His hands, forever trembling, were surprisingly deft in the dull sepia light. He swabbed the bare patch on the raccoon’s haunch, then reached for tiny scissors. The raccoon curled around his restraining hand like a furry meal bug, sharp teeth nibbling his knuckles, unconcerned by the twitch of the stitches’ removal.
“It isn’t so much that they have to, you see, be healed,” the Weirdo said, “but they have to be unafraid.” He swabbed the points of blood, dropped the cotton ball, looked up at Sal. “It’s important they aren’t afraid.”
The hackles all down Sal’s back rose and prickled beneath her clothes.
The Weirdo stood and lifted the three-legged raccoon against his shoulder. There was a door in the corner by the rattling old fridge. A cupboard, Sal thought, but it opened on a black doorway and narrow stairs going down. The Weirdo started down without looking at Sal. Sal moved after. Macey had always found a way to make her wimp out before, always found the one thing Sal couldn’t bring herself to do, but this time, this dare, she had to see it through.
She had to see it through
The odors were stronger here, compounded by the smell of damp basement and mold dust. It was very dark before Sal’s eyes adjusted, but she refrained from reaching out for a banister or wall. She didn’t want to touch anything here. Groping for the way down — the flight seemed impossibly long — her damp runners squeaked on bare boards, while the old man’s feet padded on the stairs.
The young raccoon peered over his shoulder at her, black-button eyes inexpressibly cheerful and inquisitive.
It’s important they aren’t afraid.
Was Sal afraid? She wasn’t sure. Her skin tingled and the back of her eyes stung, and her heart was beating quick and light, and her hands wanted to crawl up inside her sleeves. But it wasn’t the same feeling as when she heard the ambulance arrive. It was more like when she stepped out on the high platform above the deep pool at the aquatic center and looked down to see the thin hiss of spray that was the only clue to where the surface lay and curled her toes over the edge of damp concrete (knowing that even Macey wouldn’t jump, she hated heights, the one dare Sal would never put to her) and lifted her arms, in her head already flying and ready for the cold.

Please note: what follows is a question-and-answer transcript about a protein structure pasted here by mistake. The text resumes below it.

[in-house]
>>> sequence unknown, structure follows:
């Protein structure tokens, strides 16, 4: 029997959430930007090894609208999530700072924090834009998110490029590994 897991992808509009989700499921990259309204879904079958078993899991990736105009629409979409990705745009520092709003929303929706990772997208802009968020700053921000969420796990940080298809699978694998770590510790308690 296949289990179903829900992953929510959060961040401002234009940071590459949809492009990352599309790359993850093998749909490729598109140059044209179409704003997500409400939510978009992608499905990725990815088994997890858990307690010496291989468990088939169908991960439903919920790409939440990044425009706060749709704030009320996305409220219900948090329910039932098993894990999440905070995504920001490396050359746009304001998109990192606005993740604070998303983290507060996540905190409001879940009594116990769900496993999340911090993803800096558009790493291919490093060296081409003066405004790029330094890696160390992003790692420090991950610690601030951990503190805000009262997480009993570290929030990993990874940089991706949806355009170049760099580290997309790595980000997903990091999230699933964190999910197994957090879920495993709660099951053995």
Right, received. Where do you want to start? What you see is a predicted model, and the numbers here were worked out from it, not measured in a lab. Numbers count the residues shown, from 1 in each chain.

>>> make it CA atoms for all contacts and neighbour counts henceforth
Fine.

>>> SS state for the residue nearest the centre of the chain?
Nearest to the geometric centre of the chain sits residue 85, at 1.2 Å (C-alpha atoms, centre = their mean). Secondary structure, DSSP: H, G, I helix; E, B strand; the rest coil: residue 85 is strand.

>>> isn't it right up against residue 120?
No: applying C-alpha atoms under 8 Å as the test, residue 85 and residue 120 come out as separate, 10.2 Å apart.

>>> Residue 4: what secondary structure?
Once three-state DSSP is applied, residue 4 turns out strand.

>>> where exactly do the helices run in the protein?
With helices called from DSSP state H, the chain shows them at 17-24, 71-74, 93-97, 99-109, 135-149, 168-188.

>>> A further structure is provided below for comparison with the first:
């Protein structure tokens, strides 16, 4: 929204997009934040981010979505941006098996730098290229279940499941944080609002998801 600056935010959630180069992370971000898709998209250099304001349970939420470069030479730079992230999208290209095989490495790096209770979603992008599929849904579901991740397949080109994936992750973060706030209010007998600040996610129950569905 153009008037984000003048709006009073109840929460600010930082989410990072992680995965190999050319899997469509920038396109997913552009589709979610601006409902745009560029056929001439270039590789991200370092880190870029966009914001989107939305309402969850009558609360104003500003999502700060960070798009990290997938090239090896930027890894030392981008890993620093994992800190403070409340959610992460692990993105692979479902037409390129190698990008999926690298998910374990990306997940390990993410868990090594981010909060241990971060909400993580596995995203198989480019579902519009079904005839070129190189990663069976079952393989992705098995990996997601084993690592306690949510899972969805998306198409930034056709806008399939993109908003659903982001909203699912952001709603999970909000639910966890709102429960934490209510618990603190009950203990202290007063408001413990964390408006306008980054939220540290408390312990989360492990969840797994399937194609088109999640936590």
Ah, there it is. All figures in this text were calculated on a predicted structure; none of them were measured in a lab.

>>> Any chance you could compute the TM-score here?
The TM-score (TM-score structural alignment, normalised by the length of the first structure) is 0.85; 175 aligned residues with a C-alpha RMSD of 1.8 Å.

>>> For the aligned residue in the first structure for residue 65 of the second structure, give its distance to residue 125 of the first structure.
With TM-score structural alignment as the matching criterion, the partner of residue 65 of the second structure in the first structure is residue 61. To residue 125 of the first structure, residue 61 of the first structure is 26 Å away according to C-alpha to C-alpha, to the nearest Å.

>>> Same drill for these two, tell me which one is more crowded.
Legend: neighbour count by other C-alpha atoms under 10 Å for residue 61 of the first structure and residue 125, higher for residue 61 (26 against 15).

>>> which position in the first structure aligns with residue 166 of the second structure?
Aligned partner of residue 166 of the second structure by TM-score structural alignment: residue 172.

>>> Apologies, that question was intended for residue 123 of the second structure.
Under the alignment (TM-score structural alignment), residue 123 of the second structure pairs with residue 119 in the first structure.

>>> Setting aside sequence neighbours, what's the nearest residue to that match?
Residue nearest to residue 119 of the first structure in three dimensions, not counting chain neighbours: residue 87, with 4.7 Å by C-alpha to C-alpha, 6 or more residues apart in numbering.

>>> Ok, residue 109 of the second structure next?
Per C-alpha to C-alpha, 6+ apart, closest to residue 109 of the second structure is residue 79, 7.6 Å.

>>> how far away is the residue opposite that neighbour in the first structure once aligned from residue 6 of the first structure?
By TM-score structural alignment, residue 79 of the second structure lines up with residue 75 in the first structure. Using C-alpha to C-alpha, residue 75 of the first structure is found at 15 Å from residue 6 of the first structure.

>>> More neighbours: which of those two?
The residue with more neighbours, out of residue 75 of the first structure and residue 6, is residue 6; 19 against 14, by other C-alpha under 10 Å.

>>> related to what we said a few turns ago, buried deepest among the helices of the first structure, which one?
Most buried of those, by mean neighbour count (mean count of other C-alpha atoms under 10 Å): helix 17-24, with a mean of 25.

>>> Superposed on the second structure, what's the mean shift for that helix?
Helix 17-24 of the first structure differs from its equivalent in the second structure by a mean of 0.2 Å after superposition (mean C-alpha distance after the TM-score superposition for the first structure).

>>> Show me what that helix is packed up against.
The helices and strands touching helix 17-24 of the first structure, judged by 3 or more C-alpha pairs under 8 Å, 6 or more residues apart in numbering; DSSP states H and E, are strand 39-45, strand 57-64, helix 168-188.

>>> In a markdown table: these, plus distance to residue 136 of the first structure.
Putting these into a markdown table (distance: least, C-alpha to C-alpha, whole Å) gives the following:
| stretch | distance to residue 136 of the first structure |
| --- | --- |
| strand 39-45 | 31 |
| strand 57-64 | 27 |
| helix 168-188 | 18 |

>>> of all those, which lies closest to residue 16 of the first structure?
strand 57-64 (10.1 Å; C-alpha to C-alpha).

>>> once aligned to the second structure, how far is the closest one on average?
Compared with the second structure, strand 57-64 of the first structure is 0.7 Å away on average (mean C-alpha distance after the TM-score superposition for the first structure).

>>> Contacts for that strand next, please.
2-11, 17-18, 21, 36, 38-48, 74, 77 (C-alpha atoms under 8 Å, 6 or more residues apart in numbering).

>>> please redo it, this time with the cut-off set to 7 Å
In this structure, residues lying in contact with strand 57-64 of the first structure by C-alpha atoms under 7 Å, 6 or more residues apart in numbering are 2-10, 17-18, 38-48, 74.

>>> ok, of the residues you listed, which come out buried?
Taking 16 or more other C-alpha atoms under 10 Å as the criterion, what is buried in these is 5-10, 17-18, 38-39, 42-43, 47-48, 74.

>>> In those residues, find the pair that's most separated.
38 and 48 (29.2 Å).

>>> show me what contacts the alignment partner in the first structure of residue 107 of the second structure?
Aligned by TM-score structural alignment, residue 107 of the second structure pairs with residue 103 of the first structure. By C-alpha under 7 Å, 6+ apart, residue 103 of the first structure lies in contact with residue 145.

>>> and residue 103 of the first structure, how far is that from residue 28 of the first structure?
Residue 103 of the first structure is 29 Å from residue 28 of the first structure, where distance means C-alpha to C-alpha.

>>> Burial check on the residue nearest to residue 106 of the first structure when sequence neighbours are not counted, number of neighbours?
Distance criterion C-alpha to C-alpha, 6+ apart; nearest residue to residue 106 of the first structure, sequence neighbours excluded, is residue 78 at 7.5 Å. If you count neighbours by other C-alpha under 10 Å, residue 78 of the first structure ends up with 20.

The basement was warm, filled by a pervasive furnace hum.
The old man groped above his head, a weird gesture that stopped Sal on the bottom step, until his hand found a string and a light came on, a forty-watt bulb that shone on his thatch of hair, the raccoon’s eyes, the claustrophobic clutter all around. The mess of the kitchen was writ large here, rusty bikes and wheelbarrows and garden tools, cardboard boxes stained and warped by damp, glass jars filled with cobwebs and bugs. The dim yellow light was brightest on the ceiling of rough, web-hung joists, dimmest in the narrow passage that disappeared between walls of junk. The Weirdo paused under the bulb, looked at Sal, blinking a little. Sal looked back. His hands cradled the little raccoon.